Sunday, January 22, 2012

The Role of the Home in Making Practical Men

"A distinguished American writer says: 'The training and improvement of the physical, intellectual, social, and moral powers and sentiments of the youth of our country require something more than the school-house, academy, college, and university. The young mind should receive judicious training in the field, in the garden, in the barn, in the workshop, in the parlor, in the kitchen—in a word, around the hearthstone at home. Whatever intellectual attainments your son may have acquired, he is unfit to go forth into society if he has not had thrown around him the genial and purifying influences of parents, sisters, brothers, and the man-saving influence of the family government. The nation must look for virtue, wisdom, and strength to the education that controls and shapes the home policy of the family circle. There can be no love of country where there is no love of home. Patriotism, true and genuine, the only kind worthy of the name, derives its mighty strength from fountains that gush out around the hearthstone; and those who forget to cherish the household interests will soon learn to look with indifference upon the interests of their common country. We must cultivate the roots, not the tops. We must make the family government, the school, the farm, the church, the shop, the agricultural fairs, the laboratories of our future greatness. We must educate our sons to be farmers, artisans, architects, engineers, geologists, botanists, chemists—in a word, practical men. Their eyes must be turned from Washington to their States, counties, townships, districts, homes.'"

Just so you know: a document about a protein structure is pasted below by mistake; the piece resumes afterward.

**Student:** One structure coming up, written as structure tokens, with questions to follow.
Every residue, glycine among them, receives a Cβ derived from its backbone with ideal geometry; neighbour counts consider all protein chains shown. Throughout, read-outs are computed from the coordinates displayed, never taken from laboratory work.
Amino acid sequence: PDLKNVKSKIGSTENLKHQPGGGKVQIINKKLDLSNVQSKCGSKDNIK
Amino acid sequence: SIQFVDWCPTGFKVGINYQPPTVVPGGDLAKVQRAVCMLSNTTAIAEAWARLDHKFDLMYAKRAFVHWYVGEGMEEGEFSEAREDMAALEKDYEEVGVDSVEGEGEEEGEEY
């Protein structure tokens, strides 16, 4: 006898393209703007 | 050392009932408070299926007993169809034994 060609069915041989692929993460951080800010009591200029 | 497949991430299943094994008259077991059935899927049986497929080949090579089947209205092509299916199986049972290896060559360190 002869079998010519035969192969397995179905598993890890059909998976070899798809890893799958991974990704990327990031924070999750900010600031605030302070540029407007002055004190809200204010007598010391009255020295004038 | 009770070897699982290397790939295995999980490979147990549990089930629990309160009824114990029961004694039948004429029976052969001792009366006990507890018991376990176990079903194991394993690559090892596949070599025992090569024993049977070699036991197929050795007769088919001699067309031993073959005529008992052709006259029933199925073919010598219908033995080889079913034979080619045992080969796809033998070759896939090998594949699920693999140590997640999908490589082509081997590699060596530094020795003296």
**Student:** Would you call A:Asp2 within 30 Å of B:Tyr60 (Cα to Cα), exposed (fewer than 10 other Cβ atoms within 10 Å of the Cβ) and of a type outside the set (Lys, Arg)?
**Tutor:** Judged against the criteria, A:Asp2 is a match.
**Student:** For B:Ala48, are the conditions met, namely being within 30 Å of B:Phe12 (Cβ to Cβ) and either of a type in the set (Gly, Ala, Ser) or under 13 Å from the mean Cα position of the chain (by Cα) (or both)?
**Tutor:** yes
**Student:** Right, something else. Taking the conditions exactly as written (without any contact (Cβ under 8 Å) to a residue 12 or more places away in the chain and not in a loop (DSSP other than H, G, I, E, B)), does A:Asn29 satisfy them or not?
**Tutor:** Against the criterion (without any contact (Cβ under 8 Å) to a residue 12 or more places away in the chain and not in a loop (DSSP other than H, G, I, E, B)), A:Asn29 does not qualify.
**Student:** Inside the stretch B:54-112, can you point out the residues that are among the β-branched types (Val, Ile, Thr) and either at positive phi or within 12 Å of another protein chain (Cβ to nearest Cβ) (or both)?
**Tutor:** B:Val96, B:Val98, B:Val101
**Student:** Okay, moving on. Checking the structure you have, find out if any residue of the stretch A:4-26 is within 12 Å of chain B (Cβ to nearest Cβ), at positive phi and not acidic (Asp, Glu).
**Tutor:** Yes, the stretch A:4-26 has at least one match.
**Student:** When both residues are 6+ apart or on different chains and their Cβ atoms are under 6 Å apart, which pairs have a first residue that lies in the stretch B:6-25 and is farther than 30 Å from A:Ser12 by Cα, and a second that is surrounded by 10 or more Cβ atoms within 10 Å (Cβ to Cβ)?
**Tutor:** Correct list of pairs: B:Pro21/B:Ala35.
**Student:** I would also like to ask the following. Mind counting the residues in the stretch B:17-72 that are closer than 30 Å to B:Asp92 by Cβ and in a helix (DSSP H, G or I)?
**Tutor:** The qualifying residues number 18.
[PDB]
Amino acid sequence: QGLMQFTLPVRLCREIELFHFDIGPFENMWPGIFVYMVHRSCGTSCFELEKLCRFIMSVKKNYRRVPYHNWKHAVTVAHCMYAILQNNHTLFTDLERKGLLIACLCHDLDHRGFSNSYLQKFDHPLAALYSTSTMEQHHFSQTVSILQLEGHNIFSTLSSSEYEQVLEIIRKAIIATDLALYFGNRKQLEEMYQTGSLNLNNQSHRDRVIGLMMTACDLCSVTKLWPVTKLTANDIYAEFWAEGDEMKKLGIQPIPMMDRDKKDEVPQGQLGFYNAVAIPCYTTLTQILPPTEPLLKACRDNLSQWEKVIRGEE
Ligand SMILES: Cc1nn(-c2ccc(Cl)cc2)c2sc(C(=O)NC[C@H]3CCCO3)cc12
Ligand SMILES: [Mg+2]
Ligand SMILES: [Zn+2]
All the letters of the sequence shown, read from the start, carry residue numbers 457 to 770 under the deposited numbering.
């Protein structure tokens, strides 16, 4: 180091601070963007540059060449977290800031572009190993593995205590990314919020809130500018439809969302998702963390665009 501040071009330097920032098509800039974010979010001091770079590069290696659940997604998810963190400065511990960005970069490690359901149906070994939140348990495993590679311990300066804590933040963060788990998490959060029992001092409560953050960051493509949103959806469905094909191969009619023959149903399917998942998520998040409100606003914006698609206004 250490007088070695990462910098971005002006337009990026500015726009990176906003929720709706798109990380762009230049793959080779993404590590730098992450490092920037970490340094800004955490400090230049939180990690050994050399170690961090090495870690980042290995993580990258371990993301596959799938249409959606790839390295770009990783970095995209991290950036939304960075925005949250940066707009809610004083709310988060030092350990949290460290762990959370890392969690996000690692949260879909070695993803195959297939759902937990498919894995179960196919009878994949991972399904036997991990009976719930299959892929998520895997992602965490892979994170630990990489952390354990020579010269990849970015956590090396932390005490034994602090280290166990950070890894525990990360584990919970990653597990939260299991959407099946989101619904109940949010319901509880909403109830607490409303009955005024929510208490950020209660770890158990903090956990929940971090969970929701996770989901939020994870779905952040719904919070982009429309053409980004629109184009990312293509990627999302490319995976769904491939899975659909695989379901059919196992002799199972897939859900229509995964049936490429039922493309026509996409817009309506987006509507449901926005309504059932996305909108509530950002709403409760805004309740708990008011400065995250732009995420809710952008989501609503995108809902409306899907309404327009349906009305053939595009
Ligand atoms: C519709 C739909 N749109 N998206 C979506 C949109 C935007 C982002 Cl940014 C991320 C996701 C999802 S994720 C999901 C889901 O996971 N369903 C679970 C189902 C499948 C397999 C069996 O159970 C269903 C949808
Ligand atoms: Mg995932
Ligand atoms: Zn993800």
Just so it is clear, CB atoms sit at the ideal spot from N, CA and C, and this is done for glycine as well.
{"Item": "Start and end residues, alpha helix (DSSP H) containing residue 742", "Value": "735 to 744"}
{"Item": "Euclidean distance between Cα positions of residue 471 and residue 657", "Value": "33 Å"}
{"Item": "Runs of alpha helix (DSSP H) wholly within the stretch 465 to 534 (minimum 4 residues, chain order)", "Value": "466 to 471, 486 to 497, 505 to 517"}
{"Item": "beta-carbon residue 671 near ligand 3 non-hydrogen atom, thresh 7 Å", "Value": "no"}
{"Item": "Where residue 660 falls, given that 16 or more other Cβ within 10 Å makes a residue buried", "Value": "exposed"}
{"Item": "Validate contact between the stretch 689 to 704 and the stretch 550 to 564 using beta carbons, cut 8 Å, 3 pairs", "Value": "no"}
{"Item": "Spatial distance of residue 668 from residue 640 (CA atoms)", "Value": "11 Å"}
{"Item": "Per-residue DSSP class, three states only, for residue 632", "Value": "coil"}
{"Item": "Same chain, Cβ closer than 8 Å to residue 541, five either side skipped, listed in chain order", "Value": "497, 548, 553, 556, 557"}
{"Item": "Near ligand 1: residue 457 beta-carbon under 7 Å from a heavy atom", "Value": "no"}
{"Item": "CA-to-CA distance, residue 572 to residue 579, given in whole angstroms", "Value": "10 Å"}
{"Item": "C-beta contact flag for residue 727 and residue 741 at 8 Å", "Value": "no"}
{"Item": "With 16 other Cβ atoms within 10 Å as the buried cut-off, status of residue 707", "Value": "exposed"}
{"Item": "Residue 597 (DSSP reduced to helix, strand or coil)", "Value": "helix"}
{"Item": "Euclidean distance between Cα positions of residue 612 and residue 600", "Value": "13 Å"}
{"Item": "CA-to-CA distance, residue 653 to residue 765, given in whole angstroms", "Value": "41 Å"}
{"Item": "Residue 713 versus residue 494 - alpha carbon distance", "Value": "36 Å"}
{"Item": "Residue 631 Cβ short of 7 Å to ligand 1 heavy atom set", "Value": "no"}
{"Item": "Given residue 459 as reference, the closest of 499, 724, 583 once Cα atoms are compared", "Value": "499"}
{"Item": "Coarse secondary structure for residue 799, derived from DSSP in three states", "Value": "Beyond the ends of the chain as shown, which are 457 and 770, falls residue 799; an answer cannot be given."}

The originator of these words is identified only as "a distinguished American writer," quoted by Edmund Morris in his circa 1867 book, Farming for Boys. (Italics in the original.) The book is being serialized in Small Farmer's Journal. This quote is from Part VI, Chapter XIV, of the book reproduced in SFJ, Winter 2012, Vol. 36, No. 1, pp. 34-38.

When I read this quote I was struck by the absence of such a worldview in modern literature. I read a lot, and these words jumped out at me as being from a different era. But regardless of era, they convey a settled way of thinking about life that is missing from postmodern thinking: the source of true education, the purpose of the home, how boys learn to be men, the intended distant influence of Washington, and others. Some will rail against pre-modern (1867) writing that excludes "girls" from the focus of training in the home. Note that this is a book titled Farming for Boys. If this author's point was to outline a system of industry for boys, the outline of a similarly vigorous industry for girls could be gleaned from Proverbs 31:10-31.

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